The 1990s would bring a much-needed change to the rivalry from the Bruins perspective, with Boston taking all four series played that decade. From 2000-2014, the two Eastern Conference foes faced each other another six times, with Montreal holding a 4-2 series edge. At that point, the rivalry appeared to be alive and well, despite the fact that the NHL changed the season format between division teams. At one time, the two teams could have as many as nine meetings in the regular season alone, and it was down to four or five.
The one-time automatic opponents have not faced each other in the playoffs since the 2013-14 season. While the regular-season matchups are still intense, it lacks something without adding the intensity of postseason games to the mix. In my opinion, the two things most directly responsible for the slippage of this once-great rivalry is the NHL’s lack of emphasis on division games and Montreal’s lack of competitiveness in recent years. The Bruins are headed to their fourth straight playoffs, while the Canadiens have missed “the chase” two of the last four seasons, and are only going this season because of the expanded 24-team playoff format. While I am positive that this rivalry is not dead, it certainly is on life-support at this juncture.
I don’t think the Bruins and Lightning like each other very much pic.twitter.com/VenaHSZbuz— Conor Ryan (@ConorRyan_93) March 8, 2020
If not Montreal, which NHL team now makes the blood of Bruins fans boil? Pittsburgh? I guess you could make a case for the Pens, but the Bruins have not faced them in the postseason since 2012-13. Matt Cooke is gone, and while I like nothing better than hating on Sid and Geno, there just isn’t enough meat there. Tampa Bay? The Lightning have been one of the better teams in the East for the last decade or so. Boston has faced them twice in the playoffs during that time, but only once in the last five seasons. It’s close, but I would say that the Bolts are #2 on the hit list, until Boston sees them more regularly in the postseason.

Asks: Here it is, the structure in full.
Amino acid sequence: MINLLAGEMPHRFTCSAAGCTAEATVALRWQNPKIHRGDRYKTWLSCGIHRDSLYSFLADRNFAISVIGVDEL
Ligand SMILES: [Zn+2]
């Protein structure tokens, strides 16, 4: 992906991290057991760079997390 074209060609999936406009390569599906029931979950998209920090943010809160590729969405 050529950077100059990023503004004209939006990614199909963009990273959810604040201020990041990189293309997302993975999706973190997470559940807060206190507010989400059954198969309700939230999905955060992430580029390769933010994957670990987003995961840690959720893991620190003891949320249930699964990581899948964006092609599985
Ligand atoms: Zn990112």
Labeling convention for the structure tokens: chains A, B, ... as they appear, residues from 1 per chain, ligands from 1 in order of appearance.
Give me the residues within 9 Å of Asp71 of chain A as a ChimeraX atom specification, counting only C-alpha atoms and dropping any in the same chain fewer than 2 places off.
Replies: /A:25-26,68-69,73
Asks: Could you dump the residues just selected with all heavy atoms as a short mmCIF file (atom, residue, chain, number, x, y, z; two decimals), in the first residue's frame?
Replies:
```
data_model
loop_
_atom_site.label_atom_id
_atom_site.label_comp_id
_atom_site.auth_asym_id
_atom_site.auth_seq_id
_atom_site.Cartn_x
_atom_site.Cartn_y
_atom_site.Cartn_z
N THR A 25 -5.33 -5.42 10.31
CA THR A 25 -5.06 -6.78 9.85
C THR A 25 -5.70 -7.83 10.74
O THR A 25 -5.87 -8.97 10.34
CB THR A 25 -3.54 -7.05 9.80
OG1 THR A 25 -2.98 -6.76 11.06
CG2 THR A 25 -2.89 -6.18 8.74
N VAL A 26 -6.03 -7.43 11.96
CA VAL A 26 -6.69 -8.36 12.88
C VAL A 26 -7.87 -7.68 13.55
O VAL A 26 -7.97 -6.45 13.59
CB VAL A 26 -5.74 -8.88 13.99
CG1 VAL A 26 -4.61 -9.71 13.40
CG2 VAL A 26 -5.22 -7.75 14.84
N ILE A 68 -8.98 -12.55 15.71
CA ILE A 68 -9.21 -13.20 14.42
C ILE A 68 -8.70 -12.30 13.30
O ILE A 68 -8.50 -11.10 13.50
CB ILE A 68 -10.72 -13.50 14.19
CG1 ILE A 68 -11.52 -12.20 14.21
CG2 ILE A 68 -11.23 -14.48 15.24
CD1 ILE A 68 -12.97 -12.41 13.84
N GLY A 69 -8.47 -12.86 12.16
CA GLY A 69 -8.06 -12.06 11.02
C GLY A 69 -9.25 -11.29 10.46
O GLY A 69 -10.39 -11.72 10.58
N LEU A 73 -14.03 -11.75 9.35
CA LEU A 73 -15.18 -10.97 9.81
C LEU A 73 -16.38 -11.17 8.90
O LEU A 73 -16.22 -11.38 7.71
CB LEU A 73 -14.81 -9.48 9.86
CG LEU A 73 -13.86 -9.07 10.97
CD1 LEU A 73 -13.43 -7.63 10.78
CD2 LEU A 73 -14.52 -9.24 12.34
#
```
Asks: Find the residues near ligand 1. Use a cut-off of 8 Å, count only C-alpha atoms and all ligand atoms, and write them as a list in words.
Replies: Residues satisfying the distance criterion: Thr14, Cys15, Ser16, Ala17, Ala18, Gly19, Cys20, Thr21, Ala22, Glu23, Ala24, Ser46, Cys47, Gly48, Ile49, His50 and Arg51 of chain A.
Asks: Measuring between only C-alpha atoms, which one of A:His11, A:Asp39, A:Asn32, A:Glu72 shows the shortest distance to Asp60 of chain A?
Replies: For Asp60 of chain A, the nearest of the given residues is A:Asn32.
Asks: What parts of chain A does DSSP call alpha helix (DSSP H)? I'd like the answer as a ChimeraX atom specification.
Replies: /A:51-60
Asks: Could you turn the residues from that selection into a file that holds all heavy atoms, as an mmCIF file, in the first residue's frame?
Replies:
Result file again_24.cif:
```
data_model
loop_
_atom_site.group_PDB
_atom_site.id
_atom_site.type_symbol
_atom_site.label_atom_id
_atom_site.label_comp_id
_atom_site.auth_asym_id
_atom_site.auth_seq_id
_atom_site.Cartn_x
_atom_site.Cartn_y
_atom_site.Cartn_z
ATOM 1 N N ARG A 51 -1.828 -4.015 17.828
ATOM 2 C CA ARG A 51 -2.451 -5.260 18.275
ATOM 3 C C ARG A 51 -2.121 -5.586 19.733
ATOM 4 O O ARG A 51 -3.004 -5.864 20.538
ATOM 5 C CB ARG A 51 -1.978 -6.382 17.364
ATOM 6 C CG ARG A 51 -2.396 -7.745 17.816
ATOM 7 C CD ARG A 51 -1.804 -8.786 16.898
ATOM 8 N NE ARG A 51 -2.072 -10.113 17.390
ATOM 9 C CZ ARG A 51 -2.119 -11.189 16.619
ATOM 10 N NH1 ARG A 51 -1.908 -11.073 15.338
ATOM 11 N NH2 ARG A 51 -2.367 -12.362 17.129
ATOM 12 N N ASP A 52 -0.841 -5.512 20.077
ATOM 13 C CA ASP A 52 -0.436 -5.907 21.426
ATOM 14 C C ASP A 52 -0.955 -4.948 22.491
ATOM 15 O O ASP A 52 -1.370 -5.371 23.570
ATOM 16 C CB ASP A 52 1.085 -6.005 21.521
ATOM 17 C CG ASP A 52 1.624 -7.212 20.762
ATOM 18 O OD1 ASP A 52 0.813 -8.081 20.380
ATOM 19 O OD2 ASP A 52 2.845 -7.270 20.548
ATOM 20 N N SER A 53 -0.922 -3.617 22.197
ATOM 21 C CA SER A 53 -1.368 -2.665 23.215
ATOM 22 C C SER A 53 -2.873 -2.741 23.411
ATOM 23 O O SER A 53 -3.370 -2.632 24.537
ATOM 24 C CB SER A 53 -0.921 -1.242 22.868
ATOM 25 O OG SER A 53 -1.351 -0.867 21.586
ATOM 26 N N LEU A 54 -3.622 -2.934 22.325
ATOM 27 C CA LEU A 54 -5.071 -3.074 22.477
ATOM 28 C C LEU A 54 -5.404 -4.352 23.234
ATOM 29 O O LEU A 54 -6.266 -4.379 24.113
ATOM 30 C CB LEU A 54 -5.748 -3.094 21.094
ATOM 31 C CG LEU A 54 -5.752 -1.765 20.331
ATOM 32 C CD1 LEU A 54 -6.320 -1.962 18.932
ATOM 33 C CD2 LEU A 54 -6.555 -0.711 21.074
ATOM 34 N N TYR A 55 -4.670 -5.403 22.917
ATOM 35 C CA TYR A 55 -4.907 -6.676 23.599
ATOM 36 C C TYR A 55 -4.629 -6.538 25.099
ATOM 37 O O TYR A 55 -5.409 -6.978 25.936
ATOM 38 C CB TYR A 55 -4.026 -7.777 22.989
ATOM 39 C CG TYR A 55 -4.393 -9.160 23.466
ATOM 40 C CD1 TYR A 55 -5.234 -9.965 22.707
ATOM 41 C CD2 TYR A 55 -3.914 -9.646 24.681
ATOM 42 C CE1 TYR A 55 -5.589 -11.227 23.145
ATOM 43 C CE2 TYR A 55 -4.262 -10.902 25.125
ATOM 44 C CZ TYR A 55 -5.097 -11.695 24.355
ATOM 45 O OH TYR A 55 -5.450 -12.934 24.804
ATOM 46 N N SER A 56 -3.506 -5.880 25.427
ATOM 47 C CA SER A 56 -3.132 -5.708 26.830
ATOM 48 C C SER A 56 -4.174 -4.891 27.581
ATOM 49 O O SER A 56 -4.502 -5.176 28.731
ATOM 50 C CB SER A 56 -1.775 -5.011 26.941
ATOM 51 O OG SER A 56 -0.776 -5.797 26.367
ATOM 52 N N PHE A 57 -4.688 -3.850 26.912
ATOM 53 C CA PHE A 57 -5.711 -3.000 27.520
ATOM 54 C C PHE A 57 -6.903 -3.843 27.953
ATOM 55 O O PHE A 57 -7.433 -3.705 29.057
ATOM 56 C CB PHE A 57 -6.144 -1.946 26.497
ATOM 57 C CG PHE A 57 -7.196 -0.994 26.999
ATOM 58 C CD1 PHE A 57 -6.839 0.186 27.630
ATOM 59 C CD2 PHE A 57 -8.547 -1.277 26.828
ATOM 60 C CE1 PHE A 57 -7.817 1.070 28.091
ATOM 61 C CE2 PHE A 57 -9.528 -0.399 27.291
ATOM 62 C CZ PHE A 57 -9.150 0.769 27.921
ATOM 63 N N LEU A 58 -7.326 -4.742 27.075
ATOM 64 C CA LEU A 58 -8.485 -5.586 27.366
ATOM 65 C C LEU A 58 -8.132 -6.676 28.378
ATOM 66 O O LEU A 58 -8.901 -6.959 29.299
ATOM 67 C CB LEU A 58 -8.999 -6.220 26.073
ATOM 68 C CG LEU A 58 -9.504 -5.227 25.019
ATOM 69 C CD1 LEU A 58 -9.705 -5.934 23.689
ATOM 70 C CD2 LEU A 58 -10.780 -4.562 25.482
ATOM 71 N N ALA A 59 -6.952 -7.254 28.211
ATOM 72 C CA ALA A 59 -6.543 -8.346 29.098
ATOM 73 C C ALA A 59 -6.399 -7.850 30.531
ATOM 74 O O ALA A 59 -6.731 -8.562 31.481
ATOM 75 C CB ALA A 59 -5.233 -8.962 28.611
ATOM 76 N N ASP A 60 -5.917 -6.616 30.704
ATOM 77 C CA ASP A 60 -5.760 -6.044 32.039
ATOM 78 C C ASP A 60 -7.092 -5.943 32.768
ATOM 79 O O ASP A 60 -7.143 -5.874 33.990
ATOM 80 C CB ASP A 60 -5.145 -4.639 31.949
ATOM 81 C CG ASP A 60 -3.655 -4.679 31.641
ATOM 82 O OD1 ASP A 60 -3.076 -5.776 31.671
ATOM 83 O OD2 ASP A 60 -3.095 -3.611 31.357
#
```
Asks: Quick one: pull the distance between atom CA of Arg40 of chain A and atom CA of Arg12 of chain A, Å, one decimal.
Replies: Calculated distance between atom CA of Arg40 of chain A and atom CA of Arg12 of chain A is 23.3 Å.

I think if you ask most fans, the answer to the question, who is the Bruins’ biggest rival at this moment, is a pretty easy one. And the winner is…the Toronto Maple Leafs. In addition to being in the same division, the Bruins have faced the Leafs three times since 2012-13 in the playoffs. All three series have been absolute barn burners, going seven games with Boston winning each Game 7, one in extremely dramatic fashion. Toronto is a very talented team that just needs to get over the hump. Unfortunately for them, the B’s seem to be their kryptonite, like the Habs once were for the Bruins. Toronto has not won a playoff series against Boston since 1959.
Some might question whether Boston vs. Toronto is a legitimate rivalry with the series being somewhat lopsided? I would say the answer is yes for a couple of reasons. First, the last three times they met, it went to seven games, all the games were very close, and the Leafs could have easily won all three series. Second, the Toronto fans are easily the most dis-likable group since Montreal, and some would argue they are worse. At least the Canadiens had a history of winning, while Leafs fans are the most entitled I have come across. One would never know from talking to them that their team has not won a playoff series since 2004 (close only counts in horseshoes and hand grenades).
So, while it is a little disappointing that the Bruins rivalry with the Habs has simmered in recent years, it’s good to know that their neighbors to the south and west have picked up the torch until Montreal gets back on their feet. Here’s to another seven-game series this postseason, with the B’s winning their fourth straight against Toronto in heartbreaking fashion (fingers crossed).